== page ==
Our Mission

The academic job market has been in decline for over a decade and has only deteriorated faster in the face of the COVID-19 pandemic. Humanities graduate students throughout the country are being forced to pivot last minute, to join a non-academic marketplace that they know very little about and for which they feel radically underprepared. Many studies have demonstrated that such conditions overwhelmingly and disproportionately neglect students who are minorities, low-income, first-generation, female, and/or LGBTQ+. It is only through a wide dissemination of the “hidden curriculum” of academia and beyond that students from these disproportionately affected communities can fully achieve the success of their privileged counterparts. Furthermore, it is only by normalizing “alternative” career paths that our systems for supporting academics can experience meaningful and lasting change towards greater inclusivity and more equitable labor practices. In light of this, we at Working PhDs have begun to design resources that provide information on the clear and actionable paths available to all students, particularly in the humanities, who hope to pursue non-academic careers.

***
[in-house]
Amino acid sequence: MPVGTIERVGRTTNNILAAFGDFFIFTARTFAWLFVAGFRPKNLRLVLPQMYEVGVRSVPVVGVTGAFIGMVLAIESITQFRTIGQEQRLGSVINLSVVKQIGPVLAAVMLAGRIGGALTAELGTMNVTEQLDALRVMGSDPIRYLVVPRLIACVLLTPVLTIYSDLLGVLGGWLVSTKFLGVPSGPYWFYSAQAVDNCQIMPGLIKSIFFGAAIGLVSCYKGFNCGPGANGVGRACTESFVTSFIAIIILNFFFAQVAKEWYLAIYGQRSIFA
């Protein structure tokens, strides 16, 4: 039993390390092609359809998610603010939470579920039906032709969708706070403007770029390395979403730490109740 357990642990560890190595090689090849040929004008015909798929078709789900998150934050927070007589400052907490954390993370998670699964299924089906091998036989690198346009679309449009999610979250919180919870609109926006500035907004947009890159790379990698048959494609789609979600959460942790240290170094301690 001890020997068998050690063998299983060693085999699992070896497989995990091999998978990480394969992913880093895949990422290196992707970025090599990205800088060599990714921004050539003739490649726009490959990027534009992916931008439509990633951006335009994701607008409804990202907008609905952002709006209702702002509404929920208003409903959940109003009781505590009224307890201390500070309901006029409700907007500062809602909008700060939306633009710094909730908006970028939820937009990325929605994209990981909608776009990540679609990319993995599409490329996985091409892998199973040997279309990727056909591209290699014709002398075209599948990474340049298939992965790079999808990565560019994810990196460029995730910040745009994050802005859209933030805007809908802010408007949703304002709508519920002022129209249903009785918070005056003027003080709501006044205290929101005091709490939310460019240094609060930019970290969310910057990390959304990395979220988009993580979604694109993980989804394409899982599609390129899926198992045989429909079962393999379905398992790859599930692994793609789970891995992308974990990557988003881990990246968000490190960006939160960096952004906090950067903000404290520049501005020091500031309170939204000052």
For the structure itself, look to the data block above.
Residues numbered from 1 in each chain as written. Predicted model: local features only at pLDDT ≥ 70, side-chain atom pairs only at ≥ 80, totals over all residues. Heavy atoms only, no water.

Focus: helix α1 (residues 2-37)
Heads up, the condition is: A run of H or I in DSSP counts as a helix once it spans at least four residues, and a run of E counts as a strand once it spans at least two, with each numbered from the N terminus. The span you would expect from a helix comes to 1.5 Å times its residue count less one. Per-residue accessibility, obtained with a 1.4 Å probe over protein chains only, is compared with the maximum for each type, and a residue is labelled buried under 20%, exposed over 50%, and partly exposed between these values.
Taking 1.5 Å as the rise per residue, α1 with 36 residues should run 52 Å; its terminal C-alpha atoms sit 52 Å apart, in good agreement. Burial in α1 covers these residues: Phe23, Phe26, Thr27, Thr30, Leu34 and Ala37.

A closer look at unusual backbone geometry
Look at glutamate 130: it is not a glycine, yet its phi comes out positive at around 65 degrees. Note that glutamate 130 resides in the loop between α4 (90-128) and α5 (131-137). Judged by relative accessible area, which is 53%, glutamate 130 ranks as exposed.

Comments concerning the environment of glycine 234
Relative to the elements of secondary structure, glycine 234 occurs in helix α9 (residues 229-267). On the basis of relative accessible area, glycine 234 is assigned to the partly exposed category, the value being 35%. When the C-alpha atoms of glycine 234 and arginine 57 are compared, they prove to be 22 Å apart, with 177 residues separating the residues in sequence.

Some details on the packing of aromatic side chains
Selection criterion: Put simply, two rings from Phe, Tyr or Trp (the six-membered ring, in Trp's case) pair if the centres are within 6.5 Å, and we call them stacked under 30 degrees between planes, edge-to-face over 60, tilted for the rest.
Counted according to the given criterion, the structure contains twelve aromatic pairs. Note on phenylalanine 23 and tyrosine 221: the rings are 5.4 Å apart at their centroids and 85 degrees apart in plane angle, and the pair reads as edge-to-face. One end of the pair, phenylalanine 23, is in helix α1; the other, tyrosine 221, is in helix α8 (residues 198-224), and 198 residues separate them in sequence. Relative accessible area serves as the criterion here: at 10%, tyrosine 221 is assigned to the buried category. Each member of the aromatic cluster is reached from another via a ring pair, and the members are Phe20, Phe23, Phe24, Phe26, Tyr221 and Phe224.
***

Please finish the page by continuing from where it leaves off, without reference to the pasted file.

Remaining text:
The goals of this project are twofold. First, we aim to highlight the numerous ways in which graduate training can prepare students for success in business, technological sectors, nonprofits, and government roles. We show how academic training helps solve issues related to a broad set of topics, from consumer and material culture to racial and economic inequality. With this first goal, we hope not only to educate graduate students on the paths available to them, but also demonstrate the greater relevance of humanistic training. Students can be an asset to the non-academic marketplace because of their humanities education, not despite it. Second, by highlighting the range of skills amassed in graduate programs, we aim to encourage and advise graduate students on how to shape their research for applications that have larger public impacts. Operating on multiple levels, our projects aim to make academic research central in the public eye.